5.2 The computational matching strategy

CCM evolves a mixed spacelike-null initial-value problem in which Cauchy data is given in a spacelike hypersurface bounded by a spherical boundary 𝒮 and characteristic data is given on a null hypersurface emanating from 𝒮. The general idea is not entirely new. An early mathematical investigation combining spacelike and characteristic hypersurfaces appears in the work of Duff [103]. The three chief ingredients for computational implementation are: (i) a Cauchy evolution module, (ii) a characteristic evolution module and, (iii) a module for matching the Cauchy and characteristic regions across their interface. In the simplest scenario, the interface is the timelike worldtube, which is traced out by the flow of 𝒮 along the worldlines of the Cauchy evolution, as determined by the choice of lapse and shift. Matching provides the exchange of data across the worldtube to allow evolution without any further boundary conditions, as would be necessary in either a purely Cauchy or purely characteristic evolution. Other versions of CCM involve a finite overlap between the characteristic and Cauchy regions.

The most important application of CCM is anticipated to be the waveform and momentum recoil in the binary black-hole inspiral and merger. The 3D Cauchy codes being applied to simulate this problem employ a single Cartesian coordinate patch. In principle, the application of CCM to this problem might seem routine, tantamount to translating into finite-difference form the textbook construction of an atlas consisting of overlapping coordinate patches. In practice, it is a complicated project. The computational strategy has been outlined in [52Jump To The Next Citation Point]. The underlying algorithm consists of the following main submodules:

The above strategy provides a model of how Cauchy and characteristic codes can be pieced together as modules to form a global evolution code.

The full advantage of CCM lies in the numerical treatment of nonlinear systems, where its error converges to zero in the continuum limit for any size outer boundary and extraction radius [45Jump To The Next Citation Point, 46, 89Jump To The Next Citation Point]. For high accuracy, CCM is also very efficient. For small target error 𝜀, it has been shown on the assumption of unigrid codes that the relative amount of computation required for CCM (ACCM) compared to that required for a pure Cauchy calculation (AC) goes to zero, ACCM ∕AC → O as 𝜀 → O [56Jump To The Next Citation Point, 52Jump To The Next Citation Point]. An important factor here is the use of a compactified characteristic evolution, so that the whole spacetime is represented on a finite grid. From a numerical point of view this means that the only error made in a calculation of the radiation waveform at infinity is the controlled error due to the finite discretization.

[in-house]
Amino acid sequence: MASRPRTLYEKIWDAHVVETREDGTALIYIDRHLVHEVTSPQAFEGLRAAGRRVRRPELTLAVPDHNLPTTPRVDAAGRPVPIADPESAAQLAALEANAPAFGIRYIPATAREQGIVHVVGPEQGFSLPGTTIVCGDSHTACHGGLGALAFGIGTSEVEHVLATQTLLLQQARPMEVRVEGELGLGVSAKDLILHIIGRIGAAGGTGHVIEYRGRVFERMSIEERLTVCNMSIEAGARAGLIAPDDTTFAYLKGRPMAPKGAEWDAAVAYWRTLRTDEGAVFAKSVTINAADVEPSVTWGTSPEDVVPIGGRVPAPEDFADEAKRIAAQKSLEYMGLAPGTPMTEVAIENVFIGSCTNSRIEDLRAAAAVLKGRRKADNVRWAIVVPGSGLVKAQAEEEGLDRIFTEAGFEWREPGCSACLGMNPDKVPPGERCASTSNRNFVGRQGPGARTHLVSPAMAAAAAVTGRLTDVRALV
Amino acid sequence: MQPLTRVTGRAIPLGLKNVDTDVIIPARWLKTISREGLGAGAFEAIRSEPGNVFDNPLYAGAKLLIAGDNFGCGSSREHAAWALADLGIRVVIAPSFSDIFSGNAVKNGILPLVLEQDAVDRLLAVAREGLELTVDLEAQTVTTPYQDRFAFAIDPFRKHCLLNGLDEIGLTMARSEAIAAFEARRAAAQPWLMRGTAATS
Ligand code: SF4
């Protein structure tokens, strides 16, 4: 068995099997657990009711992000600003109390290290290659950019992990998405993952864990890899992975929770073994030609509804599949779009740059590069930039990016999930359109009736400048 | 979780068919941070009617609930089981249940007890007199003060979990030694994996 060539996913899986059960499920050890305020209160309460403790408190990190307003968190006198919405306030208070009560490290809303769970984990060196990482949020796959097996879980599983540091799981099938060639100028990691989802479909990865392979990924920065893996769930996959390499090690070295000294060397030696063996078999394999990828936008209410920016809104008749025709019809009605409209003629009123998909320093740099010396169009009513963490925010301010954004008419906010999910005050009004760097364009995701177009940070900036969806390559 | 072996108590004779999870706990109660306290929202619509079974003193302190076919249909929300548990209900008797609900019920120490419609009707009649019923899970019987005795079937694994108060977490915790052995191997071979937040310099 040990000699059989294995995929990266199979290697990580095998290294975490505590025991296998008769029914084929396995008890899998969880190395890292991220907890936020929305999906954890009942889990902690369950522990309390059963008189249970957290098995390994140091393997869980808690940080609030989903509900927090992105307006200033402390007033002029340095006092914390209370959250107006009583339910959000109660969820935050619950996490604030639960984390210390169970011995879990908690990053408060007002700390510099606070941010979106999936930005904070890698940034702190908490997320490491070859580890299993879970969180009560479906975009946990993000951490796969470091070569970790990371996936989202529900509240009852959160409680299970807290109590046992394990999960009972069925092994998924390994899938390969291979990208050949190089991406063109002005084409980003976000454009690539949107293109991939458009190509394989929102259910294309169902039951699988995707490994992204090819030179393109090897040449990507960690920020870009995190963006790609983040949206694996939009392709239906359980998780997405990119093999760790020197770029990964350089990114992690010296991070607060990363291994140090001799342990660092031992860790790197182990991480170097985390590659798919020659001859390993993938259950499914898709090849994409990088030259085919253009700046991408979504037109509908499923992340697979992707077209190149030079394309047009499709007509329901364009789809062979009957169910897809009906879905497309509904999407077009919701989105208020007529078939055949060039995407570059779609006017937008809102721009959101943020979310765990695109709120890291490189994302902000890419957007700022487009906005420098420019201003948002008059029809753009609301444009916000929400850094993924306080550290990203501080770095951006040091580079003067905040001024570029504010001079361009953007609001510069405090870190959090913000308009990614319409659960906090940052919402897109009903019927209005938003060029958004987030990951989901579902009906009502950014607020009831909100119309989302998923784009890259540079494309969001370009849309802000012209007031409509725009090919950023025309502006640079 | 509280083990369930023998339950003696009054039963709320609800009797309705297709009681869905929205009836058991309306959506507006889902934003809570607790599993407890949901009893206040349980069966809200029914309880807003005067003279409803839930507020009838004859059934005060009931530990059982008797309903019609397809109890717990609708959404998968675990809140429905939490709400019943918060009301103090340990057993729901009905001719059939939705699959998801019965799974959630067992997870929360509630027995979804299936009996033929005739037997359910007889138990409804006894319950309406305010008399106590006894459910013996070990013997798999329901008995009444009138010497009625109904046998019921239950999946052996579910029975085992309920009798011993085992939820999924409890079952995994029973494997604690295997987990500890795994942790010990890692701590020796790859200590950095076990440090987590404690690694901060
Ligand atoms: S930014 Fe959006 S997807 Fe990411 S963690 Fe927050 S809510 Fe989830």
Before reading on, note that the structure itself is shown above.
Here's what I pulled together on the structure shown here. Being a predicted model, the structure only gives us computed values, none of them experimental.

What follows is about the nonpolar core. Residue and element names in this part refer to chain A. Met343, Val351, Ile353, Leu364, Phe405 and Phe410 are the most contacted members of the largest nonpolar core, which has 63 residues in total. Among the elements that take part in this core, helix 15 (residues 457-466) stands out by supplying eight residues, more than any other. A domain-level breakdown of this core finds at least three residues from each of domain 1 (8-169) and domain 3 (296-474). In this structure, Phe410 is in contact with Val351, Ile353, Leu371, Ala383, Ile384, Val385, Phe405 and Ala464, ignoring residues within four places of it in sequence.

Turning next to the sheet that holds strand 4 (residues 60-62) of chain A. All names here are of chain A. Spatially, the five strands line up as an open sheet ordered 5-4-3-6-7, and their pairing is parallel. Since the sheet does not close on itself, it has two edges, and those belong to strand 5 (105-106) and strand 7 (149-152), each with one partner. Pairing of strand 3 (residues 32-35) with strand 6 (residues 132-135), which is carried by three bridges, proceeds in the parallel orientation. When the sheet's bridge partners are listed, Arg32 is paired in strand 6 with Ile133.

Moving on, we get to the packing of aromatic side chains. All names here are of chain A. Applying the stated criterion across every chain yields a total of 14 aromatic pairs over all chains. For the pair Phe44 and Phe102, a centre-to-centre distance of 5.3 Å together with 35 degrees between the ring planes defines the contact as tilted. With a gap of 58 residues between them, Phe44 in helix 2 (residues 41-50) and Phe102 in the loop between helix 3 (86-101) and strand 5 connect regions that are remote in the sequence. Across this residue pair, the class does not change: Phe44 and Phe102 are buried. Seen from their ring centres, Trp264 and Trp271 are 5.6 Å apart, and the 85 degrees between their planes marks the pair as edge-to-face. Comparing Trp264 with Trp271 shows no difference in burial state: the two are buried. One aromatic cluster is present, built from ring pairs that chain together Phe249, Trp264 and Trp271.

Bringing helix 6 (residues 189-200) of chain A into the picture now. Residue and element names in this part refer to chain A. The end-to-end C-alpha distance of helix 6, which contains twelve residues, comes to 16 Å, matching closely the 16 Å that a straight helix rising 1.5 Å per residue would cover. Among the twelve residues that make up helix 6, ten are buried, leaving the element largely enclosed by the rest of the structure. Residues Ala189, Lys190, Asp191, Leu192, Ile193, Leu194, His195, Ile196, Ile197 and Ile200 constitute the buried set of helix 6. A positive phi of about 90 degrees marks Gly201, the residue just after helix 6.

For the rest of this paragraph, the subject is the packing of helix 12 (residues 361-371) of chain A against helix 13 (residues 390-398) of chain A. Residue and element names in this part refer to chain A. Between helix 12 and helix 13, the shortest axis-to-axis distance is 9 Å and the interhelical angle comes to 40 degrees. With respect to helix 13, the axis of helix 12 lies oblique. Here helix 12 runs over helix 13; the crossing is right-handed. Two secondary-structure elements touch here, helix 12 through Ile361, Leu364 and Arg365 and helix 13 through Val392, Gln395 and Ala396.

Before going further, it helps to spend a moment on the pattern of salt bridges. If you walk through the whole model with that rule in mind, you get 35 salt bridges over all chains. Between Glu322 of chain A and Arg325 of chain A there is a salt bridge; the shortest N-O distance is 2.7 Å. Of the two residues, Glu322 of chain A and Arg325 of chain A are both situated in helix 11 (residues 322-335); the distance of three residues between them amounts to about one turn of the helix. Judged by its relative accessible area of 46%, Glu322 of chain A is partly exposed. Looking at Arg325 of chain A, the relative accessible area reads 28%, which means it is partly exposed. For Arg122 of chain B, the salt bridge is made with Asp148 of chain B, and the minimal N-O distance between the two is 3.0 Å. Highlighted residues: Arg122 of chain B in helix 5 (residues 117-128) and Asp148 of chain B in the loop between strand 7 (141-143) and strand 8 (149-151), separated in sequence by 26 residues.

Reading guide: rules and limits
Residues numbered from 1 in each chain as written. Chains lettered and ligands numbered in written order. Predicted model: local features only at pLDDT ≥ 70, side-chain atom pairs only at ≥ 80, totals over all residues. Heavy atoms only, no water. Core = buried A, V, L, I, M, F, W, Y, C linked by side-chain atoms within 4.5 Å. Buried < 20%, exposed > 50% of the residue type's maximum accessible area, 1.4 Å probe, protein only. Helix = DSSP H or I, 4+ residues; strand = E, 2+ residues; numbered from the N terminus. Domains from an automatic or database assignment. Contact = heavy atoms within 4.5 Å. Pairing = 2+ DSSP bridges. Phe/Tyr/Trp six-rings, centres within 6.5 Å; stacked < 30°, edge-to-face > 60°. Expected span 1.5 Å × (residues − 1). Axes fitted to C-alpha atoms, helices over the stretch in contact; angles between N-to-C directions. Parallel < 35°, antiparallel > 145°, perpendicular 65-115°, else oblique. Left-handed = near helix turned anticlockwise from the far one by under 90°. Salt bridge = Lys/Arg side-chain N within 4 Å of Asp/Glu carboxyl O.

The accuracy of a Cauchy algorithm, which uses an ABC, requires a large grid domain in order to avoid error from nonlinear effects in its exterior. Improved numerical techniques, such as the design of Cauchy grids whose resolution decreases with radius, has improved the efficiency of this approach. Nevertheless, the computational demands of CCM are small since the interface problem involves one less dimension than the evolution problem and characteristic evolution algorithms are more efficient than Cauchy algorithms. CCM also offers the possibility of using a small matching radius, consistent with the requirement that it lie in the region exterior to any caustics. This is advantageous in simulations of stellar collapse, in which the star extends over the entire computational grid, although it is then necessary to include the matter in the characteristic treatment.

At present, the computational strategy of CCM is mainly the tool of numerical relativists, who are used to dealing with dynamical coordinate systems. The first discussion of its potential was given in [45] and its feasibility has been more fully explored in [89Jump To The Next Citation Point, 90Jump To The Next Citation Point, 102Jump To The Next Citation Point, 49Jump To The Next Citation Point, 287Jump To The Next Citation Point]. Recent work has been stimulated by the requirements of the binary black-hole problem, where CCM is one of the strategies to provide boundary conditions and determine the radiation waveform. However, it also has inherent advantages in dealing with other hyperbolic systems in computational physics, particularly nonlinear three-dimensional problems. A detailed study of the stability and accuracy of CCM for linear and nonlinear wave equations has been presented in [50Jump To The Next Citation Point], illustrating its potential for a wide range of problems.

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